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Environmentalists Warn Of Mediterranean Pollution From Lebanon Land Reclamation

A land reclamation project that uses vast amounts of garbage extends hundreds of feet into the sea. "We are fishing plastic," says a fisherman. The country has long struggled to manage its waste.
Garbage lies north of Beirut in 2017, after it washed away from a nearby seaside dump. Beirut and its suburbs generate some 3,000 tons of garbage per day. Source: Joseph Eid

On a bright, beautiful October day, Lebanese fisherman Emilio Eid is in his boat on the Mediterranean Sea. Lebanon's scenic mountain ranges are clear in the distance.

But the water around him is brown and littered with pieces of floating plastic. He spots bottles, a toothbrush, a used condom. An acrid smell burns his eyes and throat.

"Garbage, garbage, garbage," Eid says, and turns to look toward the coast.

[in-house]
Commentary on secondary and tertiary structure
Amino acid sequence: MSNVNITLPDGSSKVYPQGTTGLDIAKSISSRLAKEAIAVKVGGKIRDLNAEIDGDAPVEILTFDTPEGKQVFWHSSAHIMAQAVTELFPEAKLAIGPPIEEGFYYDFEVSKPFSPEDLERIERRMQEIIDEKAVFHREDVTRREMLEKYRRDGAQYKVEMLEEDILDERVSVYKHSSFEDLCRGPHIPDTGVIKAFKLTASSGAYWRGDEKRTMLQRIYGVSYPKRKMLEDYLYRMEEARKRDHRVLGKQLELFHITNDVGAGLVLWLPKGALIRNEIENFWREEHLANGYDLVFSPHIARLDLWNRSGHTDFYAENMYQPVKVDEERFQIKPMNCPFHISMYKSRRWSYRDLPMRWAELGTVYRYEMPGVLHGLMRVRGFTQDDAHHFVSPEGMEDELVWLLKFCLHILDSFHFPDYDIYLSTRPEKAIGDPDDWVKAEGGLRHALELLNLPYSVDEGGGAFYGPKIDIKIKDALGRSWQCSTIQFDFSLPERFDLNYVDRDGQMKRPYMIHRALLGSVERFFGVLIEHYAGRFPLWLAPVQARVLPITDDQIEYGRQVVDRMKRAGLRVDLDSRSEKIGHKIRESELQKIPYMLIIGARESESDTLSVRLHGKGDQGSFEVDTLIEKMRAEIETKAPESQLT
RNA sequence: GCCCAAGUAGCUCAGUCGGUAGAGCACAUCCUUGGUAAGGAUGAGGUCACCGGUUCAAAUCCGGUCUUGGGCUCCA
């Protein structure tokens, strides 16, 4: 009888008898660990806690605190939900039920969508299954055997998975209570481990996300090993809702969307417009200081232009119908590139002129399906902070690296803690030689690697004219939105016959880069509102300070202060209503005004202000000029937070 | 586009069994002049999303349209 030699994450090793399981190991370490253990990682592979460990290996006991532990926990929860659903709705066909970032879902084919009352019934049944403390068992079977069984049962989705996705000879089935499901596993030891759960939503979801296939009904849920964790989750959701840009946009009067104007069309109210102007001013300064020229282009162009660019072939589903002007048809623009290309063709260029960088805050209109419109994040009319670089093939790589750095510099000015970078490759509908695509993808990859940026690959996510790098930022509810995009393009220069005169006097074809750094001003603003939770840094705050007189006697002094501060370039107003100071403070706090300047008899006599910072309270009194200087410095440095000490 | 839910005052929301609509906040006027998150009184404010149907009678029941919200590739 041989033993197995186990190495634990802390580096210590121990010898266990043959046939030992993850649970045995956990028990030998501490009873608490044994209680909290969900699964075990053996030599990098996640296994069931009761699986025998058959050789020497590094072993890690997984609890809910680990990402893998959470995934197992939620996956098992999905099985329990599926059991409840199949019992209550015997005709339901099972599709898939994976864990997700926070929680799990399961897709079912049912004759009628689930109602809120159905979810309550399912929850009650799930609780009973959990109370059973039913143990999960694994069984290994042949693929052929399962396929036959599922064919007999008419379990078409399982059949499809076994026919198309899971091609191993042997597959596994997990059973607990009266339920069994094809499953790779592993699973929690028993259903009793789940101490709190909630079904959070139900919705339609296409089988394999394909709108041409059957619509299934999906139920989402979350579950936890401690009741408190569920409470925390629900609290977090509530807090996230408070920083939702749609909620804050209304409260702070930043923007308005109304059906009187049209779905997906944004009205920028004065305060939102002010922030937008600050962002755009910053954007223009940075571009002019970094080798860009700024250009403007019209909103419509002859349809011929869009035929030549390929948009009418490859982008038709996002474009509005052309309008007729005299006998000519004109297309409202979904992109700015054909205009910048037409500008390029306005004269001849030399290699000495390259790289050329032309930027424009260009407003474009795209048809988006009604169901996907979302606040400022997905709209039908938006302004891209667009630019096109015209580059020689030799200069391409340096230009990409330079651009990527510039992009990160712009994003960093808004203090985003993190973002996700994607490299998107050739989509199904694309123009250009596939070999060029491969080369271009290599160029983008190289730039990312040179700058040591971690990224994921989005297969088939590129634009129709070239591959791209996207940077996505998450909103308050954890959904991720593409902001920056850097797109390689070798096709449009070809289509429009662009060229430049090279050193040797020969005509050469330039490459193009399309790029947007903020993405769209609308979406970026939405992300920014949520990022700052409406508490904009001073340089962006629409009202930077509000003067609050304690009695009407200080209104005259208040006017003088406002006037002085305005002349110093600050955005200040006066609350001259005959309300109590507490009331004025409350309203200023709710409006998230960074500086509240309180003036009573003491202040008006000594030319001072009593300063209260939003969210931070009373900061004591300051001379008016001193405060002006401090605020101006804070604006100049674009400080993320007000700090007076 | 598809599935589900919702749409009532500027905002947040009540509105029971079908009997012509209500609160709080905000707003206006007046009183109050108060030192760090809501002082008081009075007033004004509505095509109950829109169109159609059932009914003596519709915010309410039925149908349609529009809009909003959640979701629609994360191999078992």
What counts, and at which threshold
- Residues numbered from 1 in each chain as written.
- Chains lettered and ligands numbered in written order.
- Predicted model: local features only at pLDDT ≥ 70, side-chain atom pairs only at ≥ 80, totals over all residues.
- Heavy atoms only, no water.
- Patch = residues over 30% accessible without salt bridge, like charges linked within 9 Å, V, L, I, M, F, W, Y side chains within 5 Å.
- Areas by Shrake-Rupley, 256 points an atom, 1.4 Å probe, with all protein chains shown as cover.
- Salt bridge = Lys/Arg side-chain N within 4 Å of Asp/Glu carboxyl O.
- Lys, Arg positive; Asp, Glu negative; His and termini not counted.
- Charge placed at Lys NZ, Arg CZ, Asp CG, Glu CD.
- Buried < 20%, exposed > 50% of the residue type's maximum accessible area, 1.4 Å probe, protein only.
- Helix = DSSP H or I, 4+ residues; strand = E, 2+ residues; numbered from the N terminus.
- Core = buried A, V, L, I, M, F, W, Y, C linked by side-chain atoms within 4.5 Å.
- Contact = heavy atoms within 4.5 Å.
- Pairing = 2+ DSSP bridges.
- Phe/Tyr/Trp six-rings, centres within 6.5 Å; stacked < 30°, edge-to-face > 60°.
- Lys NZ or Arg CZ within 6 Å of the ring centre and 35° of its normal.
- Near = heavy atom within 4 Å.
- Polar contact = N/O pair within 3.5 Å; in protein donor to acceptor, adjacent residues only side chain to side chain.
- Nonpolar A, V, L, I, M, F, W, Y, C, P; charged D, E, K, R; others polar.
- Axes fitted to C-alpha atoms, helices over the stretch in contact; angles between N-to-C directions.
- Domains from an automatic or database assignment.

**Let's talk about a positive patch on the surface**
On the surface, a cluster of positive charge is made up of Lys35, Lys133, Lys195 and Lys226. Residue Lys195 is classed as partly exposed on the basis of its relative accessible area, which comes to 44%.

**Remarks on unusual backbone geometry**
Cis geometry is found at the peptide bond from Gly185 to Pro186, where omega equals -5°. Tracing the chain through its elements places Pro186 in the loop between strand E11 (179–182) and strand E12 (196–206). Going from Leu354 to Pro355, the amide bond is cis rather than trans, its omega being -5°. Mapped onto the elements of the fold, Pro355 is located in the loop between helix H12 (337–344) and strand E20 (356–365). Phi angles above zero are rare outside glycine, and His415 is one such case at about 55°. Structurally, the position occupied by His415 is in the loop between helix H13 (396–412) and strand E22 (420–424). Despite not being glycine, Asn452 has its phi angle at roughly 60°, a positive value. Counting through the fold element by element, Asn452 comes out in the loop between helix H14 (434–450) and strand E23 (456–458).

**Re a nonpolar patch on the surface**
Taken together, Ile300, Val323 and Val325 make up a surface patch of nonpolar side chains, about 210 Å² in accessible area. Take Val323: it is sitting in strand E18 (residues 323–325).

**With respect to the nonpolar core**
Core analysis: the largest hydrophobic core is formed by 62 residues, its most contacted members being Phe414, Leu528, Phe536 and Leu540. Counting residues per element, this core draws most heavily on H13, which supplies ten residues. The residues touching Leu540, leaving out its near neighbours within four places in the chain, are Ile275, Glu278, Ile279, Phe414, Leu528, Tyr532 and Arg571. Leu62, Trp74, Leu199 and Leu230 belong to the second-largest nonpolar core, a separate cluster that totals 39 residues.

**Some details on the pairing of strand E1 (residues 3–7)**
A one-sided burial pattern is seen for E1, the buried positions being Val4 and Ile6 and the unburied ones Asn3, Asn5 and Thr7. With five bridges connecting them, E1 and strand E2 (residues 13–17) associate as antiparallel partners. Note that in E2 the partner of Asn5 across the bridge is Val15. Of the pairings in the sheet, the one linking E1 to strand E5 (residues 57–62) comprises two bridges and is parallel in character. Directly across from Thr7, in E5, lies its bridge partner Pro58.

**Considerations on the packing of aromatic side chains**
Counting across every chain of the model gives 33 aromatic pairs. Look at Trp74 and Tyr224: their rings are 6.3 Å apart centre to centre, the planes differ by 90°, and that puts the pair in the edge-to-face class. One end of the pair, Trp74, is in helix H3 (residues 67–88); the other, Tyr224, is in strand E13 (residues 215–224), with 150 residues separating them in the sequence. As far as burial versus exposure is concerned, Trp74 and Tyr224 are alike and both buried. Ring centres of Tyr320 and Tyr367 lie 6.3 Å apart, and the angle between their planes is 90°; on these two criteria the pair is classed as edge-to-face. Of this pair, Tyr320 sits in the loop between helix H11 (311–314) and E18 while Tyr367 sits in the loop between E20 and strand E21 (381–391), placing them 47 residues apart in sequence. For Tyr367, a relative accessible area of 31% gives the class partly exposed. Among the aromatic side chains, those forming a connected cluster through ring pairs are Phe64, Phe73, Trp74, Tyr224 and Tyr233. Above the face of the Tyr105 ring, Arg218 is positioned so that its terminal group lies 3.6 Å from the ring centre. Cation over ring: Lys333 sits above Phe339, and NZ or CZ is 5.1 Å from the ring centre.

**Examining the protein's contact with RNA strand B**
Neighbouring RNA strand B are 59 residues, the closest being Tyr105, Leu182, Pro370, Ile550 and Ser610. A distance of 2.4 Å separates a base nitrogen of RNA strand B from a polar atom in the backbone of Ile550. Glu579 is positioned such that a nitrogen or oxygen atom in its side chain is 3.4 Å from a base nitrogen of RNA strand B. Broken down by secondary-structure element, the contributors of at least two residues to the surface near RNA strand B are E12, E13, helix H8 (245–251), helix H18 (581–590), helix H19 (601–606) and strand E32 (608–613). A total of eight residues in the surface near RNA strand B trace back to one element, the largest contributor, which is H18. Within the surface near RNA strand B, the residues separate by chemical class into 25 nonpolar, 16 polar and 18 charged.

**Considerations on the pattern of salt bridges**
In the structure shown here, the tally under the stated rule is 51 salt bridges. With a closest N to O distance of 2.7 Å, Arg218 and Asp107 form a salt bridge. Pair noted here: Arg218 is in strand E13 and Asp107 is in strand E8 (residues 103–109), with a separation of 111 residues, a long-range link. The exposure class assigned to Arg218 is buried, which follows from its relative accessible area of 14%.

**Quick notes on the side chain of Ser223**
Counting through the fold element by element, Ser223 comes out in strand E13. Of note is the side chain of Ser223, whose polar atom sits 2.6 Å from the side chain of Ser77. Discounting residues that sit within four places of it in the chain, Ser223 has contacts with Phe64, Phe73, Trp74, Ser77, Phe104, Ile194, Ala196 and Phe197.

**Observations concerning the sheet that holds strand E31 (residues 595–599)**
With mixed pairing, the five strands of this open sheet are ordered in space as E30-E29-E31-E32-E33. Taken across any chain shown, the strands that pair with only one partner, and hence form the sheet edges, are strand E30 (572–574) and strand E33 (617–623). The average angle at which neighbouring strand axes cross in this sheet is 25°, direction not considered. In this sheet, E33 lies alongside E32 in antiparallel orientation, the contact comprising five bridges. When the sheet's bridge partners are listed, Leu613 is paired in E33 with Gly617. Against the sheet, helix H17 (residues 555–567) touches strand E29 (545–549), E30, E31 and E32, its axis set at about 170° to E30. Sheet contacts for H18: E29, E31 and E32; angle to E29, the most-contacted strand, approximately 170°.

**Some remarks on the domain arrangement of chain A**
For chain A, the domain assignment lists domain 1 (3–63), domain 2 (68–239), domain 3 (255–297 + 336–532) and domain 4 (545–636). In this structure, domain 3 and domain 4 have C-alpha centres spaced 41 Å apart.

There, a huge mound rises out of the water. A steady stream of trucks drives onto it, emptying loads of waste onto compressed trash and dirt extending hundreds of feet into the Mediterranean.

It is a form of land reclamation – the process of adding to the coastline. In this case, the process involves dumping thousands of tons of trash directly into the sea.

Lebanon is drowning in its own garbage. Beirut and its suburbs alone generate more than 3,000 tons of trash per

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